So what should a healthy yolk look like?
“The best eggs are not a deep orange colour; the best eggs are from corn-fed chickens with less sugar, a lower glycaemic index, lower starch content. These are much more natural eggs.”
We talk about supermarket food now containing fewer nutrients than ever before – many covered in harmful pesticides.
“Absolutely,” agrees Raymond. “We are being poisoned.”
Is the plan to cultivate more land at Le Manoir a grand design to produce all their own food – and maybe sell some to the public via a farm shop?”
“You put your finger on it,” he agrees. “In fact my next filming with the BBC will be all about how we are being poisoned. The trouble is that the consumer is attached to what the food looks like on the outside, rather than the inside.”
Is he talking about the wax coating on much of our supermarket fruit and veg?
“Yes, some fruits and vegetables are waxed to improve their shine and seal in the moisture,” Raymond tells me. “And we consistently are offered the same shape, the same colour. Natural apples don’t look like this! They have mixed up the varieties to create the perfect apple that is resistant to disease.
“The apples we eat today often have five or six times less nutrients in them than the apples our parents enjoyed. We are creating huge health problems because our food is heavily deficient in the vitamins and minerals we need.”
Is Le Manoir purely organic then?
“Definitely! All our food grown here at Le Manoir is organic. I would love to do a film where I grow an organic fruit and then compare it to something grown intensively, maybe a chicken or some wine,” replies Raymond passionately.
“Did you know some wines have up to 250 chemicals in them?”
I didn’t and I’m shocked.
“It’s frightening how many toxins we take in via our food. So many people don’t know about this,” he adds.
Looking at the plan of the garden it seems Raymond is creating a huge orchard.
“Yes,” he confirms. “We have already planted 3000 trees, many from my friend the winemaker Xavier Guillaume, who lives only 20 miles from my village near Besançon.
“He is also a fabulous pépinière – his family have been grafting and growing vines for more than 100 years. He’s one of the three greatest vine cultivators in the world. Did you know he has actually changed the DNA of the trees so that they can better adapt to climate change? He’s a genius.”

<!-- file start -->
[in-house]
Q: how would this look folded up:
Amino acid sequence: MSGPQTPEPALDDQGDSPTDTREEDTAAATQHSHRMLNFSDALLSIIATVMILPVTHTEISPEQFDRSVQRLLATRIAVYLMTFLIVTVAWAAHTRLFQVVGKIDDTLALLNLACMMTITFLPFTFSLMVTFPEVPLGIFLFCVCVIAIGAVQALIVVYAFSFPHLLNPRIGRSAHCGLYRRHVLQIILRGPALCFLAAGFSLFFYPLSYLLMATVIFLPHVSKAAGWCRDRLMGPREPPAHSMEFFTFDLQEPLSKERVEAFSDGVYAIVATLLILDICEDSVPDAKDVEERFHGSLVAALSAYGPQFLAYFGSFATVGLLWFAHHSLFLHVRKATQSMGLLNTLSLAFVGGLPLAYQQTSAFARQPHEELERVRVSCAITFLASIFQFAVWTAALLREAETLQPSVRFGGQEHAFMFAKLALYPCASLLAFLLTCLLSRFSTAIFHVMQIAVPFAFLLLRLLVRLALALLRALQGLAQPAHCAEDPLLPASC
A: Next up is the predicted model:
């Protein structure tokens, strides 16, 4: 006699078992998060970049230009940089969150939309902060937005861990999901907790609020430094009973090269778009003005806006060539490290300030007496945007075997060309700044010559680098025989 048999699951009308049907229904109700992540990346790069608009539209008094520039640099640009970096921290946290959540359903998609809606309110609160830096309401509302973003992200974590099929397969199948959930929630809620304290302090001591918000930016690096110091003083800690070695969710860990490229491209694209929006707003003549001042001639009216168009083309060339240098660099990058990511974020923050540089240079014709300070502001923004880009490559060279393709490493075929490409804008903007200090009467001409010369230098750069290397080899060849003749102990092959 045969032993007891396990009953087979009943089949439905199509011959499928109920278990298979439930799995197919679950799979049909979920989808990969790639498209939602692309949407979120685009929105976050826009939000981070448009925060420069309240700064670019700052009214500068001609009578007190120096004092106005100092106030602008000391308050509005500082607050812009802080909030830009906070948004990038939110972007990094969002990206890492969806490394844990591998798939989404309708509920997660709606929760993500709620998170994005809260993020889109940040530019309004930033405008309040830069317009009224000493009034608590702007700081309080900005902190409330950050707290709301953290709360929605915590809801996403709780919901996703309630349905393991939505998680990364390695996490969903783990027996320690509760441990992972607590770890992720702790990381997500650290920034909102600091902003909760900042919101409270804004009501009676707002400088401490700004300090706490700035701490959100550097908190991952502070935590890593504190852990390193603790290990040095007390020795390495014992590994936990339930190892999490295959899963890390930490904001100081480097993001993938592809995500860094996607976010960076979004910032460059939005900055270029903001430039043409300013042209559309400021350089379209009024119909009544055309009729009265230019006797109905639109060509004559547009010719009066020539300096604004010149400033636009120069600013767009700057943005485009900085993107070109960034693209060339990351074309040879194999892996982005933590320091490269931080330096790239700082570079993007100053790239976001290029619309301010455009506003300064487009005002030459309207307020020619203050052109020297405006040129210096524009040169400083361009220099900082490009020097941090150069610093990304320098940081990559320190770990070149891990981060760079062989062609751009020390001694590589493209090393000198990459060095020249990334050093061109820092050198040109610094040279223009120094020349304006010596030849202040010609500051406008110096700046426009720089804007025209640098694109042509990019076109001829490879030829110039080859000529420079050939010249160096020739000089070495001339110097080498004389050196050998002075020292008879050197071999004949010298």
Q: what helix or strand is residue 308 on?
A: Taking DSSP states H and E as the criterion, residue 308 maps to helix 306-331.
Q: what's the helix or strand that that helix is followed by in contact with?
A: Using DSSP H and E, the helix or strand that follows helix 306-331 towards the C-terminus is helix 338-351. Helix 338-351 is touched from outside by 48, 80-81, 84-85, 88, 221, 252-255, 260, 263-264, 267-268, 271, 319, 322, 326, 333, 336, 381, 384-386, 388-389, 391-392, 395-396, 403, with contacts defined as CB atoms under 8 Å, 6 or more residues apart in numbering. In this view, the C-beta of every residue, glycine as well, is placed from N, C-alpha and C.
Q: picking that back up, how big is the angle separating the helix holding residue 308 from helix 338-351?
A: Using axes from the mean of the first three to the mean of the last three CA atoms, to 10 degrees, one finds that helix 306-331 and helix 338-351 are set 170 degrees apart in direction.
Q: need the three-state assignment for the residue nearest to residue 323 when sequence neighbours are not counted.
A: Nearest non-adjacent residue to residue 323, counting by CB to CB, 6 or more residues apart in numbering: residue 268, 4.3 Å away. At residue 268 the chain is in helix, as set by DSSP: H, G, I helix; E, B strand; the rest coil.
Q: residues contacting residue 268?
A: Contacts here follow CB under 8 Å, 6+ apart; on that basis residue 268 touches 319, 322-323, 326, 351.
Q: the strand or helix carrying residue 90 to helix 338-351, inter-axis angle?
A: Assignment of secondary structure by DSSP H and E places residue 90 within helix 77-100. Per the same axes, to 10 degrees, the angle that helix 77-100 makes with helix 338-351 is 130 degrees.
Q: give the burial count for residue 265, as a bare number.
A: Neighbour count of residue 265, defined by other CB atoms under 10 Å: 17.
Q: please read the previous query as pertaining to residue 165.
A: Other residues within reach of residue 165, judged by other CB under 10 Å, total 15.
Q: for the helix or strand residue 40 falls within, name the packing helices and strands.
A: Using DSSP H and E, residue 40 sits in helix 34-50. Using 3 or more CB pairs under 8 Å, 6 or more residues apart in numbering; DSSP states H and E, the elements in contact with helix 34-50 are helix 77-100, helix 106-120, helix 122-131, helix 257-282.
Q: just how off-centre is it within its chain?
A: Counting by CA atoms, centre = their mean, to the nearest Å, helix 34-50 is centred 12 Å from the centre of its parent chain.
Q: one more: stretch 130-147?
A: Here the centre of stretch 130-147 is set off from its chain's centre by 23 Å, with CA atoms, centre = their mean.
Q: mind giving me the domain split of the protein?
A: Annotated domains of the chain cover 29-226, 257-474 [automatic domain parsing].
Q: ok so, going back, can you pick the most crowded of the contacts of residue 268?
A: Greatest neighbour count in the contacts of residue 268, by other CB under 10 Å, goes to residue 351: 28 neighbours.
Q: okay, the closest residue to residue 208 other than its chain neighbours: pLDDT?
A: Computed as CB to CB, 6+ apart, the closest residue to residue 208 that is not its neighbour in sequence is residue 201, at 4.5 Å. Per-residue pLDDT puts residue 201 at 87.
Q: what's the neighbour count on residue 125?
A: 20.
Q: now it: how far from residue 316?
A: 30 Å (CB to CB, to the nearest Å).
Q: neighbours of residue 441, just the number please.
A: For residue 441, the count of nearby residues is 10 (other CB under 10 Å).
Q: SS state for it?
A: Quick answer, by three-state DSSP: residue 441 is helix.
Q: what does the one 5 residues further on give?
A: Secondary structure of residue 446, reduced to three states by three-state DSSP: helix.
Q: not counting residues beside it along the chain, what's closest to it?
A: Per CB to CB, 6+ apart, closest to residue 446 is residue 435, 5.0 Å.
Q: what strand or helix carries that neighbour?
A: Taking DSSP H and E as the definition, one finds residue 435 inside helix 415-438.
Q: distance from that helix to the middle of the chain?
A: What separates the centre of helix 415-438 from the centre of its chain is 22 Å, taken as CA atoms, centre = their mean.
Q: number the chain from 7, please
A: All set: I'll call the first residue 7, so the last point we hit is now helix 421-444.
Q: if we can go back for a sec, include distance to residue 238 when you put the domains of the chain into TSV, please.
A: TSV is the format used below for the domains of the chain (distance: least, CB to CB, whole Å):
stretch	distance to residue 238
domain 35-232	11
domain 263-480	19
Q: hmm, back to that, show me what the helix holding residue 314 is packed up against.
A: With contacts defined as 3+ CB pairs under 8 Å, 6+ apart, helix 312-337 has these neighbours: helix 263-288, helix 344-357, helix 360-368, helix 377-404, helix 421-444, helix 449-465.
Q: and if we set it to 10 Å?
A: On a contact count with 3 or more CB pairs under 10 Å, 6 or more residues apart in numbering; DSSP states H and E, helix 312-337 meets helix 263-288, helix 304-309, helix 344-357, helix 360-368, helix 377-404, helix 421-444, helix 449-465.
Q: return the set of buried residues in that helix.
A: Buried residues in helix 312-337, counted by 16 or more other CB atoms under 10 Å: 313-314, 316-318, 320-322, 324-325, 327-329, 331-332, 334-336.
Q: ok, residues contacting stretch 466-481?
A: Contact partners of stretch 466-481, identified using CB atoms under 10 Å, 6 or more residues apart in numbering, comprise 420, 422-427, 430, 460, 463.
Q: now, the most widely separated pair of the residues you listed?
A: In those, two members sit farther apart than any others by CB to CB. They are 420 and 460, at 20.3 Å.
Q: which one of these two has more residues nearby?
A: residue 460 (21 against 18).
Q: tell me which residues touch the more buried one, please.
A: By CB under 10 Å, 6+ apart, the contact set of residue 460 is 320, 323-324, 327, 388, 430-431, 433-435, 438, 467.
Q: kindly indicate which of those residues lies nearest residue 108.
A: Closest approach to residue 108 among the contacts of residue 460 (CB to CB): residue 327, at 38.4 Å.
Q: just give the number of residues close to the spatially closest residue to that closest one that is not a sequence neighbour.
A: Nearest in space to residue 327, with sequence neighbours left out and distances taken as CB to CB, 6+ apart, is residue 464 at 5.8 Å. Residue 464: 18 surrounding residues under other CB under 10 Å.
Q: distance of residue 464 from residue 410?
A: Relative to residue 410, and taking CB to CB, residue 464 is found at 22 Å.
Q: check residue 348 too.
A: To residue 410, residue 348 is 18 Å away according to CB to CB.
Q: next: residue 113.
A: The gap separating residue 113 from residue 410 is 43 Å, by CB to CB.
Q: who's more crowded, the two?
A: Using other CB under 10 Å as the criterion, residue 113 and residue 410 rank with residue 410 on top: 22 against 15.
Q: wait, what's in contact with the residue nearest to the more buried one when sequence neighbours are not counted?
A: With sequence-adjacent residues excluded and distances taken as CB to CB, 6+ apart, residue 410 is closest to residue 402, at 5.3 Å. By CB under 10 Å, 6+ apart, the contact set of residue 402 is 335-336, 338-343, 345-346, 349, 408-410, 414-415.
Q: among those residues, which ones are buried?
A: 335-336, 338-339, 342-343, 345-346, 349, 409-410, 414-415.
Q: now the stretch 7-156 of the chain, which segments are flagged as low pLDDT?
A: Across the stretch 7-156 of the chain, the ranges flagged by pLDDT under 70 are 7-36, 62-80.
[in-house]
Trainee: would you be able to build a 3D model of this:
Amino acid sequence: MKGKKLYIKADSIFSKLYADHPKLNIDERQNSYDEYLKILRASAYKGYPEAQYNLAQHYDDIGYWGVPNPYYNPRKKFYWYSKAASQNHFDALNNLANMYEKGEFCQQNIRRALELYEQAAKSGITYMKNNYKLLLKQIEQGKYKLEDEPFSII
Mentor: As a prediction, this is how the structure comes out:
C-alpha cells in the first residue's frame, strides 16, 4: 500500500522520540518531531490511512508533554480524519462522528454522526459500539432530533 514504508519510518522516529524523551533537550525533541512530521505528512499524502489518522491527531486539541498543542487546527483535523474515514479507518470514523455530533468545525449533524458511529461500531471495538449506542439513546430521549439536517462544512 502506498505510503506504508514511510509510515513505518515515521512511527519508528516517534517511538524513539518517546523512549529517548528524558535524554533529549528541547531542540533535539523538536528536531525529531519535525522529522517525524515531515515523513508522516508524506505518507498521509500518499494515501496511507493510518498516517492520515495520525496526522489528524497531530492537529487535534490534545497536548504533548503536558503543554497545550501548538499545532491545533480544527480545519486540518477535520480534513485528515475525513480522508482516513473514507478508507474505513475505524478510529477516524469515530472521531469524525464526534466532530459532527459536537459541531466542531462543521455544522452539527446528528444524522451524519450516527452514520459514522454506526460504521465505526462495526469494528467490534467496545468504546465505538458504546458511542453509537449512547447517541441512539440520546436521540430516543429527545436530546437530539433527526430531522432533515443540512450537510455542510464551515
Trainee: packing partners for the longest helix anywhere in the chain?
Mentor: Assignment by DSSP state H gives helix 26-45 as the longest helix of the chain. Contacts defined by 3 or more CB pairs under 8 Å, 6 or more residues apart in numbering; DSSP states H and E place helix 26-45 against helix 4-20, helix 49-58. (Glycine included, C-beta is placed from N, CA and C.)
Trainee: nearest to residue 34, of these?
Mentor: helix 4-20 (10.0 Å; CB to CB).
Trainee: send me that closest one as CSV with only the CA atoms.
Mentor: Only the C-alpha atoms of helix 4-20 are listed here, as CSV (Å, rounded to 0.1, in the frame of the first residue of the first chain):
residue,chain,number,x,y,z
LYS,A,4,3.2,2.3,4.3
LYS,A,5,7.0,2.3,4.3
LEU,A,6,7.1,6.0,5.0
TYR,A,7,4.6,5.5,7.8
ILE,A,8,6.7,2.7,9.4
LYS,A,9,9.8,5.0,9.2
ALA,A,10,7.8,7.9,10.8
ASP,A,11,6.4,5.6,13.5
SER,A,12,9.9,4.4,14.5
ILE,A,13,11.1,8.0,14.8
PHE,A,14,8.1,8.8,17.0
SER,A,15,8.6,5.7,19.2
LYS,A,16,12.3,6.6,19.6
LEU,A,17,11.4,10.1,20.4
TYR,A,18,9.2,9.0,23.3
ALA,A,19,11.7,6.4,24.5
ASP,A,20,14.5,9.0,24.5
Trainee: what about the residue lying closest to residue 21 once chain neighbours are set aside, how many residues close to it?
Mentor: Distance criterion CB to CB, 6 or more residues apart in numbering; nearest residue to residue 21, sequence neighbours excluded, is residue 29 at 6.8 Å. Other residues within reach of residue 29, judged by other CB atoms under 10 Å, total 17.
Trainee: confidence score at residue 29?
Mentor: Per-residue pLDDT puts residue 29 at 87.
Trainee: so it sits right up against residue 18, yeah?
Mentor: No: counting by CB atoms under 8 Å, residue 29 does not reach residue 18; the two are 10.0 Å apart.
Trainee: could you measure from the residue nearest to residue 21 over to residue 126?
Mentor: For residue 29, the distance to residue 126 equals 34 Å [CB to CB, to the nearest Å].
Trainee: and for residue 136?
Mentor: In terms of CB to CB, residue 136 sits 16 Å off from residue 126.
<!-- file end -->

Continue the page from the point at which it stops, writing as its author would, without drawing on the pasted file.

Raymond’s new film project will reveal more about the true nature of our current food supply in supermarkets.
“The idea with my show is to show the public what we have lost in Great Britain. In supermarkets it’s all about sugar. Taste equals sugar.”
I ask him what he believes is the secret of Le Manoir’s sustained success.
“Warmth… generosity. The first thing I did here was kill the protocol of ‘table’. And do away with the aloofness of traditional fine dining.
“I wanted to create a happy place where people smile at you. A place of total gentleness and thoughtfulness and caring. A place where all guests feel special. It’s not about us. It’s about you, our guests.
“We are very lucky in that we have a team at Le Manoir who does this very well. The team here amazes me.”
Having spoken to many of the staff at Le Manoir, it’s heart-warming to hear and see the esteem and high regard they have for their boss. They clearly love working with Monsieur Blanc.
I mention the conversation I’d had the day before with General Manager Jan-Paul Kroese about emotional intelligence and the importance of training staff to anticipate guests’ individual needs.
“Yes, it’s all about emotional intelligence of course, and it’s also about curiosity,” Raymond tells me. “It’s much harder to train someone who has no curiosity, and to share your ideas with them.
“Emotional intelligence is crucial, but it’s also about giving the staff that work here the feeling that they are co-owners. For example all the gardeners here own their own part of the garden. It took me a long time to understand this.”
Is it easy to recruit the right staff?
“Actually no,” Raymond reveals. “Our business is hugely popular, and we are well known, yet we have difficulty in recruiting staff who understand the true meaning of service.
“Generally our industry has not trained or cared for them well. We want to change perceptions of the hospitality industry, which is why we have created an encouraging environment at Le Manoir. We’d love it that more young people felt inspired to join us.”
Le Manoir has some wonderful paintings and sculptures – mostly owned by Raymond – does he find art inspires his own creativity?
“Absolutely!” he enthuses. “I love art and especially love the work of Kenyan sculptor Juginder Lamba who works in bronze, stone and wood. I love his female shapes and I’m now collecting his fabulous seedpods.